Mar 5, 2024 - Energy & Environment

Now trending in travel: "Coolcations"

Illustration of a beach chair and umbrella under snowfall.

Illustration: Annelise Capossela/Axios.

Summer vacations in colder climates like the Arctic are getting more popular, travel experts say, as people turn to "coolcations" to avoid record-breaking heat.

Why it matters: Despite the wince-inducing name, "coolcationing" could potentially reshape the travel and resort industries — as well as real estate investments, as climate change alters where people choose to recreate.

Driving the news: Condé Nast Traveler named coolcationing one of the "biggest travel trends to expect in 2024," noting that heat waves are making a summer vacation in Norway seem more appealing than one in Sicily or southern France.

  • Booking travel in "temperate destinations" also has the benefit of cities "being less crowded," the magazine said (perhaps only for now).
  • Iceland, Finland and Scotland — already popular for summer travel — are getting even more so.
  • The Baltic nations are on the rise, too.

What they're saying: "The effects of climate change have really become more pronounced in the travel space," Misty Belles, a spokeswoman for the Virtuoso travel network, tells Axios.

  • "People used to want to travel in June, July, August because they were more assured to have sunnier skies, and now people are less concerned about rain and more concerned about soaring temperatures," said Belles, whose company specializes in luxury and experiential vacations and counts 20,000 agents worldwide.
  • Travelers are also "willing to go further afield than they really have before" to avoid wildfires and heat waves, she says.

🧊 By the numbers: British travel company Iglu Cruise says it saw demand for Arctic destinations increase 235% in 2023 compared to 2022.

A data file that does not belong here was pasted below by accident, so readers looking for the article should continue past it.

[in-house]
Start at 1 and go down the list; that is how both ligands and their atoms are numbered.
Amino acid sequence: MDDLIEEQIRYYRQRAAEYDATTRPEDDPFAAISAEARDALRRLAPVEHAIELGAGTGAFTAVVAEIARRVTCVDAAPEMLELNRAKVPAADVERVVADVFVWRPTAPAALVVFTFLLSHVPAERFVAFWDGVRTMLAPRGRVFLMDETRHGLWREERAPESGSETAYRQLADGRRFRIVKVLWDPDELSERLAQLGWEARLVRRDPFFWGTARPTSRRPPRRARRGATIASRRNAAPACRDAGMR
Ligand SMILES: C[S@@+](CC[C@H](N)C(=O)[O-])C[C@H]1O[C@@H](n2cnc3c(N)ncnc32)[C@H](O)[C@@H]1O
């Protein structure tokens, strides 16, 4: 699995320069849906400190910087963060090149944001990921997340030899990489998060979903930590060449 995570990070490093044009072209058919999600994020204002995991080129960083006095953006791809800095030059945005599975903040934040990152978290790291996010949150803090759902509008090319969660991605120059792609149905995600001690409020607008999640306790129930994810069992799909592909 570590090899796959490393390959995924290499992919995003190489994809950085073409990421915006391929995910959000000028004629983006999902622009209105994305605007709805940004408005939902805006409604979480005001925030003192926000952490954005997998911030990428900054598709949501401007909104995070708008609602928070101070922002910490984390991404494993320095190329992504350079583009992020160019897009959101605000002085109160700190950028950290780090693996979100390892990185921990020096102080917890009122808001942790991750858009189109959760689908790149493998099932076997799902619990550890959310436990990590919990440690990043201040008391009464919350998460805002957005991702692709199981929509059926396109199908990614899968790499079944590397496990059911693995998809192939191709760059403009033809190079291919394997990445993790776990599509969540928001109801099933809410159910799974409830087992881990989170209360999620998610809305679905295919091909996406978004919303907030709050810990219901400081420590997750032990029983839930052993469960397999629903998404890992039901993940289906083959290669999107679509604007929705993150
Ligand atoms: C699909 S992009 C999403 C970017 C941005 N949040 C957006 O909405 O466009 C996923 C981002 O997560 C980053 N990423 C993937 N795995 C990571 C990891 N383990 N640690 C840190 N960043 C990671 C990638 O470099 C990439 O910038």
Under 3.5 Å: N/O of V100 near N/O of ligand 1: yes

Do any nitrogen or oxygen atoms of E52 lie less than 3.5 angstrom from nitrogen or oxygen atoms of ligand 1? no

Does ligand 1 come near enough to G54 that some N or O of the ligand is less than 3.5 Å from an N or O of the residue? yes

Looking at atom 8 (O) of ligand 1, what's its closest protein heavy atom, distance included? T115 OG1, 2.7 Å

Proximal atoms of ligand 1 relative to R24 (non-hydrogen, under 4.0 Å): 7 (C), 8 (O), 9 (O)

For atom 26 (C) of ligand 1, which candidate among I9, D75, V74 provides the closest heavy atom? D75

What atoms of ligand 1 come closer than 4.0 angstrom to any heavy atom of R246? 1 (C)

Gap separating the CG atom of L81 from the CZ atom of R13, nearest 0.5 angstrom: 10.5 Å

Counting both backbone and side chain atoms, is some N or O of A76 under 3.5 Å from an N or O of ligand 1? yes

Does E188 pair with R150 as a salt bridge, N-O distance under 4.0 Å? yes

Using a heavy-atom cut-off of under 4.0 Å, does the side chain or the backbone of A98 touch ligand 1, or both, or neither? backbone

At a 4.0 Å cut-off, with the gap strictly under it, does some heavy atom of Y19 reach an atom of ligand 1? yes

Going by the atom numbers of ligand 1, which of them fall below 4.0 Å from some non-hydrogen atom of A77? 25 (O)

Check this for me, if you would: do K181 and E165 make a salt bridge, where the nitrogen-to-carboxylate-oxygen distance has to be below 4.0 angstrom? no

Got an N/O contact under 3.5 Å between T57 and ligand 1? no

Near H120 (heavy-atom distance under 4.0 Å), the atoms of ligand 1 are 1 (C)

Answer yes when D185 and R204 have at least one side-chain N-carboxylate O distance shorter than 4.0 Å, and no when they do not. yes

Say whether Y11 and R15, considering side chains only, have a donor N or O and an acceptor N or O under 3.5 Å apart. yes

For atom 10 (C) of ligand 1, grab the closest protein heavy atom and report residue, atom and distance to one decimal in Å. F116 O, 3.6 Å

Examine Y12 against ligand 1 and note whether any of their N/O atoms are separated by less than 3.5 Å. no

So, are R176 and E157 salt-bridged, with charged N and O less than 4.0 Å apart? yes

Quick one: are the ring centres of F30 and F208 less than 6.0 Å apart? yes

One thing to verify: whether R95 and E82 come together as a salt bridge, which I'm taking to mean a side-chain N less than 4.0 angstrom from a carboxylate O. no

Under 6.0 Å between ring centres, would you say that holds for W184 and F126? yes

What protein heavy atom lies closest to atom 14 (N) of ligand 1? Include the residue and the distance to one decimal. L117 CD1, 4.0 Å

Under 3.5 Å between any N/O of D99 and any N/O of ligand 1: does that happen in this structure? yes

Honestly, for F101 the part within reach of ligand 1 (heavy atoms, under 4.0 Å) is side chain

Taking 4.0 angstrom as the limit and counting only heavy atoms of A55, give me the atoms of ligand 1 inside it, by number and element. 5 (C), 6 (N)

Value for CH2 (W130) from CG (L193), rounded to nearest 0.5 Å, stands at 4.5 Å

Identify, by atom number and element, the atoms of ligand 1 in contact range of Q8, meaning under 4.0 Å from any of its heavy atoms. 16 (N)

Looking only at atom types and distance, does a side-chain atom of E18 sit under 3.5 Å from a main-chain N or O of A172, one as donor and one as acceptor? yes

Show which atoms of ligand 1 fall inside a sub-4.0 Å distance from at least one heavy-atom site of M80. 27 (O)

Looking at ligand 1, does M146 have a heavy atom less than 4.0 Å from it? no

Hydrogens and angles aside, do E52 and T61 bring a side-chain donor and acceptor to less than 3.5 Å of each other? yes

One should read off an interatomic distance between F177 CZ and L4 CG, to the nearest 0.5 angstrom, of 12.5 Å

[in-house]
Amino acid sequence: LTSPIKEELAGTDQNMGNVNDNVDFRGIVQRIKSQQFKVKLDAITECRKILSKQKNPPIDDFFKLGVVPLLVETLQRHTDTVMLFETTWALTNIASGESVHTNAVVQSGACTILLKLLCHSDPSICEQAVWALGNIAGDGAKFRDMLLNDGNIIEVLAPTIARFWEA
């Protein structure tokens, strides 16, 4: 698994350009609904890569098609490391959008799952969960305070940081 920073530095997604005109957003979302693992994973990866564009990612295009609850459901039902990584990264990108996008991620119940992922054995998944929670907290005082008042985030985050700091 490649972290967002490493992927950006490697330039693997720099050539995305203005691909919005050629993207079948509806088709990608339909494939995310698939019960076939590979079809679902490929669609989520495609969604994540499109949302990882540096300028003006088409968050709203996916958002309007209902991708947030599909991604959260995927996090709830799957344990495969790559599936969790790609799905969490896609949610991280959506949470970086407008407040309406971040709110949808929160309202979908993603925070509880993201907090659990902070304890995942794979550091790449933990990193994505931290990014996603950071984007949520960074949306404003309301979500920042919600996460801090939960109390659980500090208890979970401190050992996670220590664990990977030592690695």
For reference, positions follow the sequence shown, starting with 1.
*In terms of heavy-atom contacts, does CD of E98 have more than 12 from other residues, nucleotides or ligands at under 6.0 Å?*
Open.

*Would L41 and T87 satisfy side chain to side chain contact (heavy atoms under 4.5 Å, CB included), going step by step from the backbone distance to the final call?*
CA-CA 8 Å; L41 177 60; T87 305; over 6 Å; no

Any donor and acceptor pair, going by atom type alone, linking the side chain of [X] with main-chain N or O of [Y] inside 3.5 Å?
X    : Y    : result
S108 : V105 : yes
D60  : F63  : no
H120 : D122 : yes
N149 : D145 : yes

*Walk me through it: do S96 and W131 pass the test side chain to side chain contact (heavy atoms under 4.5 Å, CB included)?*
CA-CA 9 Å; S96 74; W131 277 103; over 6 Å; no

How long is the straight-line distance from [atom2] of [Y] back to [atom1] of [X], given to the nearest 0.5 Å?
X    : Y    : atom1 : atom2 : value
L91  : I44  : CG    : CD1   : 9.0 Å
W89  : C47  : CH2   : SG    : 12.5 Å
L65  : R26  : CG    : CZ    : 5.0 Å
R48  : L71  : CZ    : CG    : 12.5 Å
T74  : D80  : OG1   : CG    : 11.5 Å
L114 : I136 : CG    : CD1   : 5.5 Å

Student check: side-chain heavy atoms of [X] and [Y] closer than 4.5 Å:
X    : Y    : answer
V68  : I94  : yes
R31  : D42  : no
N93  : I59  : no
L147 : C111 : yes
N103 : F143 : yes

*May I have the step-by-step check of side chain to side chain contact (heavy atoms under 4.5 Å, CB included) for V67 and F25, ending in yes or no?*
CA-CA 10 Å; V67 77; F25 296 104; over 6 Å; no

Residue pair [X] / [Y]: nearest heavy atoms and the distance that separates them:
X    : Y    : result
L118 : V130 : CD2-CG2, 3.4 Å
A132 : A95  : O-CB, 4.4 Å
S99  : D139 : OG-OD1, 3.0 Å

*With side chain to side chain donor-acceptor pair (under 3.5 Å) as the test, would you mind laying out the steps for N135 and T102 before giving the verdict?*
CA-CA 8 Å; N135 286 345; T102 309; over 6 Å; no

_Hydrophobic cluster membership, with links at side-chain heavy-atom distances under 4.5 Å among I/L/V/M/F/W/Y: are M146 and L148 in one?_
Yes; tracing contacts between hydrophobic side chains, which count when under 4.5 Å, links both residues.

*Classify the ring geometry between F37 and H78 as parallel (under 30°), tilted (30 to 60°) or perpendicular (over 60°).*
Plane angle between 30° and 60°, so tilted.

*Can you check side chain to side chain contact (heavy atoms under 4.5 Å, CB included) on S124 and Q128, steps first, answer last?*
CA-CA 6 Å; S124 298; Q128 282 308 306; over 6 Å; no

• After years of record-breaking tourism to Antarctica, "the Arctic is the new Antarctica," Belles says.
  • As global warming opens up new shipping lanes in the Arctic — and climatologists wring their hands —  companies offering polar cruises are proliferating, featuring Champagne-soaked trips to remote places like Svalbard (a Norwegian archipelago) and Canada's Baffin Island.

Threat level: "Coolcationing" comes with climate risks of its own, including the fact that increased shipping and tourist boat traffic in the Arctic will likely cause further environmental damage.

⛸️ Between the lines: "The 'Frozen' effect" is how the travel industry refers to the avalanche of interest in travel to Norway, the country of inspiration for the Disney films.

  • It's also very hip to go see the Northern Lights these days.

Zoom in: The emergence of the "coolcation" trend has set off a wave of promotional social media posts just as people are planning their summer travel.

  • "Coolcationing in Norway: 2024 Travel Trend," one travel agency advertised, paraphrasing Condé Nast Traveler and offering to help people plan a trip there.
  • "Cooler climates are emerging as focal points for luxury travel and real estate ventures," one Indian travel company wrote on Medium.
  • A luxury-lifestyle newsletter called the James Edition dubbed coolcationing "the travel trend shaping real estate investments," saying that investors and travelers alike are scoping out high-end properties in cold-weather markets.

Reality check: The top travel destinations in 2023 were Paris, Dubai, Madrid, Tokyo and Amsterdam, according to a report by market research company Euromonitor International.

  • "Italy is still our #1 destination," Belles says. "No one is saying, 'No, I can't possibly go to Tuscany.'"

🤮 Ick factor: The word "coolcation" is "possibly the worst portmanteau ever," travel writer Laura Wallwork writes for battleface, a travel insurance company.

  • "But it is how this trend is being named across the board, and I am sure it will stick."
  • Other yuck-inducing names of travel trends? "Star bathing" (going to see the aurora borealis or total solar eclipse) and "goccasions" (like visiting Paris for the Olympics or Europe for a Taylor Swift concert).

What's next: Condé Nast Traveler also predicts we'll be doing more home-swapping, frontier tourism, eco-diving and "skip-gen travel," in which grandparents go on trips with their grandchildren.

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